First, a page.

Bankruptcies Could Hit Retail Industry As Prices Increase And Consumers Reduce Spending

Bankruptcies Could Hit Retail Industry As Prices Increase And Consumers Reduce Spending

The retail industry is facing a potential tidal wave of bankruptcies later this year as rising prices begin to dent consumer demand and stores begin to contend with bloated inventories.

CNBC reports the potential for an economic recession is also still looming. The first domino may have already fallen as beauty giant Revlon filed for Chapter 11 bankruptcy protection last week. Now consumers and shareholders alike are wondering who’s next.

“Retail is in flux,” Perry Mandarino, co-head of investment banking and head of corporate restructuring at B. Riley Securities, told CNBC. “And within the next five years, the landscape will be much different than it is today.”

The retail industry saw a dramatic pullback in restructurings last year and early this year as federal stimulus funds provided cash infusions to companies and consumers. The pause came after the beginning of the pandemic saw several large companies—including JCPenney, Brooks Brothers, J. Crew and Neiman Marcus—file for bankruptcy.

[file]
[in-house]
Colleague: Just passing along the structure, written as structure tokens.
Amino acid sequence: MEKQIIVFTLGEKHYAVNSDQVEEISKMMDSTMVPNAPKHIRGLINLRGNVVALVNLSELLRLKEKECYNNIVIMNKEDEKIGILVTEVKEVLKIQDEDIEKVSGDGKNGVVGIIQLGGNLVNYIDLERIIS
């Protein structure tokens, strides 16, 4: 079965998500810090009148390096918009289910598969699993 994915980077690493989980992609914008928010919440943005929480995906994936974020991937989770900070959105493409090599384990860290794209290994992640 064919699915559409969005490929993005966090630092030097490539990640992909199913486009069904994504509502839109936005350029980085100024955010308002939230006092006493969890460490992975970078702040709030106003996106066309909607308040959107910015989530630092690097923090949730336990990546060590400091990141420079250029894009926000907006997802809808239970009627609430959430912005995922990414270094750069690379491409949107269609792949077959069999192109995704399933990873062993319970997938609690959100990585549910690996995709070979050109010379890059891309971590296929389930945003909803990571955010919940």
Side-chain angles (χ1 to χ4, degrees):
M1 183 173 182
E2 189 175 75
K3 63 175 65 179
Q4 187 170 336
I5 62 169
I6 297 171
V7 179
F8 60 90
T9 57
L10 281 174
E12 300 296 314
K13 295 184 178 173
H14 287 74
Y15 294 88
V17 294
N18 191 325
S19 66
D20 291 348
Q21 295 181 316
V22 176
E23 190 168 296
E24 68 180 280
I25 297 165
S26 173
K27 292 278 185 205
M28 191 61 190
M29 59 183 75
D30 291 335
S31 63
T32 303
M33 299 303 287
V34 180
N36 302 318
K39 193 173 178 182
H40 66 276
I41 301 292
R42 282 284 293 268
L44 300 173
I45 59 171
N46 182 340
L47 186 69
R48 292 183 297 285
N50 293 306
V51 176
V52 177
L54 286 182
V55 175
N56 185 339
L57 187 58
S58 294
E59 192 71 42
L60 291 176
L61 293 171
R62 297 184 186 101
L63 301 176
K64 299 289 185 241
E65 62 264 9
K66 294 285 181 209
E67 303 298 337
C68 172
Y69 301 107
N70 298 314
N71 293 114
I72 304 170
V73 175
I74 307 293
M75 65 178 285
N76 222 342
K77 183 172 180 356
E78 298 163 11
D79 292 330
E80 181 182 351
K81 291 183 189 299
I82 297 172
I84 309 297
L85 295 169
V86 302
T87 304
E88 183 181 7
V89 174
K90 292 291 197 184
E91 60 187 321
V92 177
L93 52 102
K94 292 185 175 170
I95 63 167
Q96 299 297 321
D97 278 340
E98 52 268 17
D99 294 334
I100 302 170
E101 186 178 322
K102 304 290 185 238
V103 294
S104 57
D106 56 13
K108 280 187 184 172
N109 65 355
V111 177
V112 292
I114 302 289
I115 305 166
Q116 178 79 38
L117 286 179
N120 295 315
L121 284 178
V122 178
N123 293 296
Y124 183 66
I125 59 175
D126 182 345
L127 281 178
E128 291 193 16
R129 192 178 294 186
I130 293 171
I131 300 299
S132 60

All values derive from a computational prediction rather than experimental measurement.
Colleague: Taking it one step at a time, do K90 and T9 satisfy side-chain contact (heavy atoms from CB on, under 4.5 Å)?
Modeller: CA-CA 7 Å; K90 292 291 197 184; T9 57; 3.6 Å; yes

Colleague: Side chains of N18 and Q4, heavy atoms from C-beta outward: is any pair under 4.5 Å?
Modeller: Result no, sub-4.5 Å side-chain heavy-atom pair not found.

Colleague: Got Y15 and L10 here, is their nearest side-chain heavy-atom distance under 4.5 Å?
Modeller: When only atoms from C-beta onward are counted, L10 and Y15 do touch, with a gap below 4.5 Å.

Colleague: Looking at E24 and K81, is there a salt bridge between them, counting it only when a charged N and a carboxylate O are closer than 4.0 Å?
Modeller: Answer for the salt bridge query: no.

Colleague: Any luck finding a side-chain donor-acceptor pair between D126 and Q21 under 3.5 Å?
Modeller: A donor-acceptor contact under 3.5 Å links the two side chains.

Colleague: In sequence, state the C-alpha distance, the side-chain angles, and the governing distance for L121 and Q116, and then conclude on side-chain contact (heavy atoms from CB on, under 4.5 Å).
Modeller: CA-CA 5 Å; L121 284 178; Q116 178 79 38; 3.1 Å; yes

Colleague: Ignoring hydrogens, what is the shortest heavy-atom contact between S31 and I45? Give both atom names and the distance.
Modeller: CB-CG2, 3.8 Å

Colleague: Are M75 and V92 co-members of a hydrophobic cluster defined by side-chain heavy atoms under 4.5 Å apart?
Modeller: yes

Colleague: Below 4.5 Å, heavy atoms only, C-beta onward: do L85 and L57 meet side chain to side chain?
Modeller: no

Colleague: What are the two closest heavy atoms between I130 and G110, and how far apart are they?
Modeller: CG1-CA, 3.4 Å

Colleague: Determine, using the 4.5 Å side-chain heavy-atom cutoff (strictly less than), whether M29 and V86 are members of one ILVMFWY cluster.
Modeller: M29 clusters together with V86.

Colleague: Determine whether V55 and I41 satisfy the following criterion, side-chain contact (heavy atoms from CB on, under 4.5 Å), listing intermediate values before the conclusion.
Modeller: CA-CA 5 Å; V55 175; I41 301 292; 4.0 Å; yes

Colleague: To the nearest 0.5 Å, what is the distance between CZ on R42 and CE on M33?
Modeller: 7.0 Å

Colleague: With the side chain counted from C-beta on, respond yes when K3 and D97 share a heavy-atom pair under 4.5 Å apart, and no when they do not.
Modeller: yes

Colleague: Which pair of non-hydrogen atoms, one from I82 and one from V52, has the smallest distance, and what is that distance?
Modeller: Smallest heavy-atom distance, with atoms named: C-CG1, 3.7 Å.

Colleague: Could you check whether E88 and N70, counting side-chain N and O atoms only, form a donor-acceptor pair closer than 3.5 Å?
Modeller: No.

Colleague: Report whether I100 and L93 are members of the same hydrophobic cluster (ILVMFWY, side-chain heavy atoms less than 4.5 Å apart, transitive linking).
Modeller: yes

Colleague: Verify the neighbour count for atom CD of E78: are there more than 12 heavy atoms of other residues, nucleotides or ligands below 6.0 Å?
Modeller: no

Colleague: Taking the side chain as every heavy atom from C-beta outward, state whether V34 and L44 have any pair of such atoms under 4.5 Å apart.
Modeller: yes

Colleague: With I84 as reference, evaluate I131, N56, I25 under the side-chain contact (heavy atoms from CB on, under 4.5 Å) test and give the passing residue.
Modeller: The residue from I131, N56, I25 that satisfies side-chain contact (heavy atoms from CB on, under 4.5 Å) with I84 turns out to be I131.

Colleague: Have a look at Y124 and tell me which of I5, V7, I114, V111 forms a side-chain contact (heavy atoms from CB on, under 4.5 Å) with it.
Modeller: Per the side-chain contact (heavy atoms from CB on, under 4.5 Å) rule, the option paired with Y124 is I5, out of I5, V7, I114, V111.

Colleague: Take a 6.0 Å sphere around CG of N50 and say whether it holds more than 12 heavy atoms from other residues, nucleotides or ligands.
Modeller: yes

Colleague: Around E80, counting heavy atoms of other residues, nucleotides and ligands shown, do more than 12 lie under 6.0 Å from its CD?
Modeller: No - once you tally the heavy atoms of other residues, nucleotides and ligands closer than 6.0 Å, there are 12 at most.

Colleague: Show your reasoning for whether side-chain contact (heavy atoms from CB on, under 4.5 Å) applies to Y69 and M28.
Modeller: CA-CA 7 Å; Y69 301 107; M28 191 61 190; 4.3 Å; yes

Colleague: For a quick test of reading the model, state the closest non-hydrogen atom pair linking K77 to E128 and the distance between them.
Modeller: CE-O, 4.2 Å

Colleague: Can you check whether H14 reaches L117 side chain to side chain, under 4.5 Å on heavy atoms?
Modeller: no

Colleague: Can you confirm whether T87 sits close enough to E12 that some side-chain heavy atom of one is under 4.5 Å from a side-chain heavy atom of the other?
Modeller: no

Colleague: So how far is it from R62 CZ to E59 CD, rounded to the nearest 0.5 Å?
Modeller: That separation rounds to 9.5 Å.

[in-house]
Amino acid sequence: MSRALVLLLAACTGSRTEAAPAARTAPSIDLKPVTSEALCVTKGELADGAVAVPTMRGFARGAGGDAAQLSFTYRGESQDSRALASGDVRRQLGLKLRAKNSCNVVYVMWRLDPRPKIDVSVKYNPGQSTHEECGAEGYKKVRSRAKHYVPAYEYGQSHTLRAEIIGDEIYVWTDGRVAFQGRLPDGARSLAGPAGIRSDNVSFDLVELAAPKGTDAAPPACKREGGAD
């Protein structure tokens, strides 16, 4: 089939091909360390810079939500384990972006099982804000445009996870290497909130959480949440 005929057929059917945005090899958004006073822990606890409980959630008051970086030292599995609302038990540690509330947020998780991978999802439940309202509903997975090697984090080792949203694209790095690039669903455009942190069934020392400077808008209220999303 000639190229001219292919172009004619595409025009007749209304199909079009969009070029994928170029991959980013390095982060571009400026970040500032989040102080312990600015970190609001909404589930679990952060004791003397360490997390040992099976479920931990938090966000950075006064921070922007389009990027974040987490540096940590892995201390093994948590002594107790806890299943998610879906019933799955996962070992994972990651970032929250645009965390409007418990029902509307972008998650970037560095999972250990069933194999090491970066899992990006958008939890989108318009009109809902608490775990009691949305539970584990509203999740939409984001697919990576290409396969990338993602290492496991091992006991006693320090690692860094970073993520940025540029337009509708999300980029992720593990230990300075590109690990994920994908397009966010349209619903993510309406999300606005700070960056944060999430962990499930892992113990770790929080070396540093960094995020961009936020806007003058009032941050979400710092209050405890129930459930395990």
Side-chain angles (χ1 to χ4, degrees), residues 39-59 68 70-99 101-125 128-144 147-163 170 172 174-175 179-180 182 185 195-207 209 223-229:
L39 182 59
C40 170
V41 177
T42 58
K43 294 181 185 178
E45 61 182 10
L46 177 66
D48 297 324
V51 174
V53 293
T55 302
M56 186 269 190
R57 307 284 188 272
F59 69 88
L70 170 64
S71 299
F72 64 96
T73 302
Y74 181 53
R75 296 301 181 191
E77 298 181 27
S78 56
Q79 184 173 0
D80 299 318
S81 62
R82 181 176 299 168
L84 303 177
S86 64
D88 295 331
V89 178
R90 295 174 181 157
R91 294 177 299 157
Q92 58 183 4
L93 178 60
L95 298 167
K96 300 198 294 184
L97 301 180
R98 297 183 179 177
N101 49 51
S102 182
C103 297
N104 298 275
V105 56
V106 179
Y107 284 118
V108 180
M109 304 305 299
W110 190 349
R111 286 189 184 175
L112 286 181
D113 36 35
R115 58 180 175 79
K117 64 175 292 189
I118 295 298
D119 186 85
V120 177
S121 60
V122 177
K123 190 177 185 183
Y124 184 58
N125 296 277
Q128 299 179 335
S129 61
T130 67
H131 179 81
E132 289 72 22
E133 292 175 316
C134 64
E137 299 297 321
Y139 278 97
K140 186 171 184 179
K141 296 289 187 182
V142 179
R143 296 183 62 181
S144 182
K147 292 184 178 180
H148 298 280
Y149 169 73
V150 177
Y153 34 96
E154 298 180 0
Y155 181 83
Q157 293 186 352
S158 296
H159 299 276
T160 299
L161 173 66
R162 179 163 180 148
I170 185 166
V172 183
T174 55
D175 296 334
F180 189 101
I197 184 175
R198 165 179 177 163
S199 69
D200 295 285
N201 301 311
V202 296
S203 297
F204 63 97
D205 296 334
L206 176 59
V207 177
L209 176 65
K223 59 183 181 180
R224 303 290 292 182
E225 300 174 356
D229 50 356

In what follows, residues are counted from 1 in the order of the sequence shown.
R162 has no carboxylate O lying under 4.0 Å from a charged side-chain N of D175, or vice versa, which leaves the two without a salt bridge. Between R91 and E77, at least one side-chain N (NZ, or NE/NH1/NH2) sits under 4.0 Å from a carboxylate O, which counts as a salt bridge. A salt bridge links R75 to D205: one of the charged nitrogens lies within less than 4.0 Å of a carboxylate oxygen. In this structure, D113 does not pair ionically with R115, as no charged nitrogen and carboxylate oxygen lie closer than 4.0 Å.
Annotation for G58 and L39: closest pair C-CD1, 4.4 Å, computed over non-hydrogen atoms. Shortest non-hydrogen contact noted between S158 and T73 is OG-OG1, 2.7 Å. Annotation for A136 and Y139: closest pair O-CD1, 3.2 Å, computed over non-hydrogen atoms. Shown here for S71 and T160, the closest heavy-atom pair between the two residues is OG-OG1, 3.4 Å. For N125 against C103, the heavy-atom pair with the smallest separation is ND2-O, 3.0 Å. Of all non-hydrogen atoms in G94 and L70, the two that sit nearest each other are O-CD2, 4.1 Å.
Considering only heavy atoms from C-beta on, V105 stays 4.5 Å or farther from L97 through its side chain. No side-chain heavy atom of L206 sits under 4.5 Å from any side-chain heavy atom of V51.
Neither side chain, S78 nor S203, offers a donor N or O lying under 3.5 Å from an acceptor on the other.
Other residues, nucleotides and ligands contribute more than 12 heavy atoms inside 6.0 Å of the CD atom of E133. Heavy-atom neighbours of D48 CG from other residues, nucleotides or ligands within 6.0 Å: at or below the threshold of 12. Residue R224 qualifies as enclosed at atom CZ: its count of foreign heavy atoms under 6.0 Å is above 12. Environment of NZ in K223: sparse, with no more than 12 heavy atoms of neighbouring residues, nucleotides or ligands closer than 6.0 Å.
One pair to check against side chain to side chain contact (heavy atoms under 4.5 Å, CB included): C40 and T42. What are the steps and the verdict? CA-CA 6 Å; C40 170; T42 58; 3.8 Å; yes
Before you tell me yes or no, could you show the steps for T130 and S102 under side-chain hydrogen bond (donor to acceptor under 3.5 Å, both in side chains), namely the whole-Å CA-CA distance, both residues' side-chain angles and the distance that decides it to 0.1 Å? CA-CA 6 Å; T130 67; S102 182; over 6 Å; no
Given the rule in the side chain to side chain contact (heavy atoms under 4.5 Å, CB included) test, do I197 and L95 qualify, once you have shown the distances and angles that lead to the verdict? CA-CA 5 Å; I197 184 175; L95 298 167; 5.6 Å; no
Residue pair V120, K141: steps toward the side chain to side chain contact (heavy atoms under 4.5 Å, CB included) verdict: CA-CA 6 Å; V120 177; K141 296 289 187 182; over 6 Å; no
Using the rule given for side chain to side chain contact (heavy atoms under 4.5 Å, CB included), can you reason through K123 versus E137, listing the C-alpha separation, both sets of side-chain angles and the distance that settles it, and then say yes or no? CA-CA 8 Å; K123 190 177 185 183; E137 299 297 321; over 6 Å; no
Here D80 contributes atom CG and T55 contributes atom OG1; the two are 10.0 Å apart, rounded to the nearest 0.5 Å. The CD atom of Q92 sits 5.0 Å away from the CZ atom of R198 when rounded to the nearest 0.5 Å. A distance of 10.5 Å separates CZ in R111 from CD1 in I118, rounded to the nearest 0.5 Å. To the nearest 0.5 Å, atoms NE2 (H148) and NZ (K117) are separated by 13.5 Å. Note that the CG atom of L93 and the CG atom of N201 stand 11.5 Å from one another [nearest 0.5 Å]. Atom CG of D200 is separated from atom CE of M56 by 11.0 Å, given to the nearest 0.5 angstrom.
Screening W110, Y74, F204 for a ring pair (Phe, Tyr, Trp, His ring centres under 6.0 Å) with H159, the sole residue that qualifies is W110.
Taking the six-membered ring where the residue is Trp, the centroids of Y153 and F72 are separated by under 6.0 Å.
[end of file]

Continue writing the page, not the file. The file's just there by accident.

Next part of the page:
The Revlon bankruptcy brought the number of retail bankruptcies this year to four, the lowest number of retail bankruptcies in more than a decade. However, if inflation continues to rise and the country hits a recession that number could top the 52 retail bankruptcies during the first year of the pandemic.

“What you saw in 2020 was a tremendous amount of restructuring activity getting pulled forward,” Spencer Ware, managing director and retail practice leader at Riveron, said. “Then we got from 2020 through today with a tremendous amount of stimulus. What’s going to happen now? It’s a bit of a mixed bag.”

An analysis by Fitch Ratings shows the consumer and retail companies in the most danger of bankruptcy include mattress maker Serta Simmons, cosmetics line Anastasia Beverly Hills, and clothing chain Men’s Warehouse.

The latest retail sales data show consumers have pulled back spending on retail and food service by 0.3% in May versus April. Furniture and home furnishings, electronics and appliance retailers, and health and personal care retailers all saw declines during the same period.